IMTE AG

Higher Calorific Values for some common fuels a coke, oil, wood, hydrogen and many more
The calorific value or heat of combustion or heating value of a sample of fuel is defined as the amount of heat evolved when a unit weight ( or volume in the case of a sample of gaseous fuels ) of the fuel is completely burnt and the products of combustion cooled to a standard temperature of 15 degree C. It is usually expressed in Gross Calorific Value (GCV) or Higher Heating Value (HHV) and Net Calorific Value (NCV)or Lower Calorific Value (LHV). Fuels should be compared based on the NCV. The difference between GCV and NCV is the amount of energy that is necessary to vaporize water that is contained in the fuel or created in the combustion process when hydrogen in the fuel is combined with oxygen to form water vapor. In general, this difference can range from as little as 2 percent to as much as 60 percent, depending on the hydrogen or moisture content of specific fuels. The heat energy contained in the water vapor is generally lost as the combustion gases leave the appliance vent or chimney. Some types of combustion appliances, however, such as high efficiency "condensing" forced-air furnaces, are able to capture much of the heat contained in the water vapor before it leaves the furnace vent (thus the term "condensing"). Since electricity is not burned in a heating appliance, the two values are equal. Wood heating values can vary significantly. The most important factor affecting useful Energy content is the moisture content of the wood. Well-seasoned, air-dried wood will typically have a moisture content of around 20% (when compared to a "bone dry" sample of the wood). A very rough approximation of the effect of moisture content on the heating value is for every percent increase in moisture content (relative to a bone-dry sample) there is a one percent decrease in heating value.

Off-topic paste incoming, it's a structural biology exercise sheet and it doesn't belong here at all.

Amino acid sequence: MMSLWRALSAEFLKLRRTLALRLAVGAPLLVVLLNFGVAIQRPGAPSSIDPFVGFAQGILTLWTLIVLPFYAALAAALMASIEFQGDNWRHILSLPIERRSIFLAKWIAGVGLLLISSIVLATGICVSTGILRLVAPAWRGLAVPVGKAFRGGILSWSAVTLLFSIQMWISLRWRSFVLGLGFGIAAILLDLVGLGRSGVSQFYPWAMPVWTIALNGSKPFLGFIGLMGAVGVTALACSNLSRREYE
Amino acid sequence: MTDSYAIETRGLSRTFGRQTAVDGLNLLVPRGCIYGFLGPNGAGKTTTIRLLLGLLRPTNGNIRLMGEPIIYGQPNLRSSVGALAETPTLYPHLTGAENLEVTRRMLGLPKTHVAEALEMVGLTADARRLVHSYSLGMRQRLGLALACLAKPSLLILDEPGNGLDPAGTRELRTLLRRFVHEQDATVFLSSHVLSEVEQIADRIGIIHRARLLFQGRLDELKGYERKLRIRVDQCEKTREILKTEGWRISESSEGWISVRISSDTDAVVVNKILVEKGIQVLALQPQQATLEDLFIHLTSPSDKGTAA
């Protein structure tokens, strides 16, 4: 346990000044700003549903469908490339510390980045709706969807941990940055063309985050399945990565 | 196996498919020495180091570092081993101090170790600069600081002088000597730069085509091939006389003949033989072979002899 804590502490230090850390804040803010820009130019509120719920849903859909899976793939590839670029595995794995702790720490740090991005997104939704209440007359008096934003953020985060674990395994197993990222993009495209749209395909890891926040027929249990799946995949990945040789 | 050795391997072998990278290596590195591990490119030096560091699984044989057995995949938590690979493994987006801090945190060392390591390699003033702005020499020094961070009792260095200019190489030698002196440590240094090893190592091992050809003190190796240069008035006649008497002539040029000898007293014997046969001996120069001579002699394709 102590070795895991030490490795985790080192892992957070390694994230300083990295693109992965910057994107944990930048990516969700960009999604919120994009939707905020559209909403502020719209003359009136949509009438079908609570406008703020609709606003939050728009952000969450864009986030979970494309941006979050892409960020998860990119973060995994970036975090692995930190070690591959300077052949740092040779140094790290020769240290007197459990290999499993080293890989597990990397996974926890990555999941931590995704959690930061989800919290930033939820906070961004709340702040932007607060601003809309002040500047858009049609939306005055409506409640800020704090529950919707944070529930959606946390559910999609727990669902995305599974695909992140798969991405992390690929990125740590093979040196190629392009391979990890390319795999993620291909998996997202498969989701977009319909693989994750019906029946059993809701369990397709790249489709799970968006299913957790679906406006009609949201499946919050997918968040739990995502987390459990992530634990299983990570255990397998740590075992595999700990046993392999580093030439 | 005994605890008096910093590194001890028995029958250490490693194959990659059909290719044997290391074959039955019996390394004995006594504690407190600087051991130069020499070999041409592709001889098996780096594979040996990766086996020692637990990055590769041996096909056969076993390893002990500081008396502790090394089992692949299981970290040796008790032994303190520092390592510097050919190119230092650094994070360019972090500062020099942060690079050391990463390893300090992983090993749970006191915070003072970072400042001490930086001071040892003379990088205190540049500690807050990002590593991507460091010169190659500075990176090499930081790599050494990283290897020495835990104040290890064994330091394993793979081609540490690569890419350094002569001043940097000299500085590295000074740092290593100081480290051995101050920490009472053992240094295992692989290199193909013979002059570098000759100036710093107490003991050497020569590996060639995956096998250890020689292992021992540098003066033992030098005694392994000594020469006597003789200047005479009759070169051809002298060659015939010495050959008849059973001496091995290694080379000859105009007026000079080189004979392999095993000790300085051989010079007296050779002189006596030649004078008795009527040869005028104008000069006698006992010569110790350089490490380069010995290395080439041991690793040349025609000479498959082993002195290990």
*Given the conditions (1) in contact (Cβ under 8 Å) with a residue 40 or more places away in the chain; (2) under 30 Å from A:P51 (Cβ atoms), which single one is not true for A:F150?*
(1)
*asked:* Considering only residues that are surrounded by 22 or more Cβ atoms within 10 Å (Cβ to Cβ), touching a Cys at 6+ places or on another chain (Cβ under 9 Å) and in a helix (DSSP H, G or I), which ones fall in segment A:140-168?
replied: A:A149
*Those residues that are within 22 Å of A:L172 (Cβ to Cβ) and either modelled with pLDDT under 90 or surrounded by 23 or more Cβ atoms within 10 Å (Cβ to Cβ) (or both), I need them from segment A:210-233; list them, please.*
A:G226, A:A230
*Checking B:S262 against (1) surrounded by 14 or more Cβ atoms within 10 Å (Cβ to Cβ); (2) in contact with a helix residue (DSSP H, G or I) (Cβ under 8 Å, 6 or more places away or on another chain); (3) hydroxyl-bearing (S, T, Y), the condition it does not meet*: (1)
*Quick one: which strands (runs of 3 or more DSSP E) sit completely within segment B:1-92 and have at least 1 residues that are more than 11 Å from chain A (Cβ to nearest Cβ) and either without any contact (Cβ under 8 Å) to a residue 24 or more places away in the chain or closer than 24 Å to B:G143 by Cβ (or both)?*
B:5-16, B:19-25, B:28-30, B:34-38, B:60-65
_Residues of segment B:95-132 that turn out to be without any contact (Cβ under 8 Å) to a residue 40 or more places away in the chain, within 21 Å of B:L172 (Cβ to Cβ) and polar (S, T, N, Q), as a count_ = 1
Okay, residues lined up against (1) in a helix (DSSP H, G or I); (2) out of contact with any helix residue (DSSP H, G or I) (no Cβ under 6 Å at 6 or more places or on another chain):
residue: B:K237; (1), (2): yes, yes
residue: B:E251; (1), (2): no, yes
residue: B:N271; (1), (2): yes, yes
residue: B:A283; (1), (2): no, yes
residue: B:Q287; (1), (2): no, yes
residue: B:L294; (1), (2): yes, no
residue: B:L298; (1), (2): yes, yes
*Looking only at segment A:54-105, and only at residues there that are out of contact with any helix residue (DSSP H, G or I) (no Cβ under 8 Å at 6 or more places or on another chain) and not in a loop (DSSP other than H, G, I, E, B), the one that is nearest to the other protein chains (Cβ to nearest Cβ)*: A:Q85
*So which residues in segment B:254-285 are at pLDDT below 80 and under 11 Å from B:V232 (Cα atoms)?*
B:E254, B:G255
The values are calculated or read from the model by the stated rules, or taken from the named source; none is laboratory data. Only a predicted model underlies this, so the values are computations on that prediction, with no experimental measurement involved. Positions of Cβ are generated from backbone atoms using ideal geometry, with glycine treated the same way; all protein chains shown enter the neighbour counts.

June-2005

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HCV-NCV

The calorific values provided in the following table are the Gross Calorific Values (GCV). GCVs are commonly used in energy calculations in the United States. 96% ETHER KEROSENE (KJ/L) GAS OIL (KJ/L) GLYCERIN HEAVY FUEL OIL (KJ/L) OILS. FUEL SOLID ANTHRACITE BITUMINOUS COAL CHARCOAL COKE LIGNITE PEAT SEMI ANTHRACITE WOOD (DRY) GASEOUS ACETYLENE N-BUTANE HIGHER CALORIFIC VALUE (GROSS CALORIFIC VALUE .GCV) KJ/KG 32’500 – 34’000 17’000 – 23’250 29’600 28’000 – 31’000 16’300 13’800 – 20’500 26’700 – 32’500 14’400 – 17’400 KJ/NM 3 58'531 133’559 12’769 42’119 101’321 18’000 KJ/KG HYDROGEN NATURAL GAS PROPANE TOWN GAS LIQUID ACETONE ALCOHOL.IMTE AG The calorific value of coal varies considerably depending on the ash. moisture content and the type of coal while calorific value of fuel oils are much more consistent. VEGETABLE PETROL PETROLEUM TAR TERPENTINE 29’000 30’000 43’000 35’000 38’000 19’000 41’200 39’000 – 48’000 48’000 43’000 36’000 44’000 June-2005 2/3 HCV-NCV .

260 0.690 2.910 2.576 0.172 1.000 2. Net Calorific Values (NCV) and Density for most common gases can be found in the table below: FUEL GAS Hydrogen Methane Ethane Ethylene Natural Gas Propane Propylene n-Butane Iso-Butane Butylene-1 Iso-Pentane-liquid KJ/KG KJ/NM 3 DENSITY KG/NM 3 GCV 141’886 55'617 51'916 50'325 67'851 50'367 48'986 49'530 49'446 48'483 48'567 49'907 49'957 10'094 NCV 119’554 50'016 47'520 47'185 61'303 46'390 45'804 45'762 45'636 45'343 44'924 46'042 48'207 10'094 GCV 12’769 39'900 69'920 63'221 42'119 101'321 93'784 133'559 132'722 125'185 117'230 58'531 12'619 NCV 10'760 35'881 64'058 59'453 38'058 93'156 87'504 123'092 122'255 116'812 107'915 56'480 12'619 0.250 LPG (average) Acetylene Carbon Monoxide June-2005 3/3 HCV-NCV .008 1.IMTE AG Gross Calorific Values (GCV).348 1.621 2.717 1.679 2.344 1.090 0.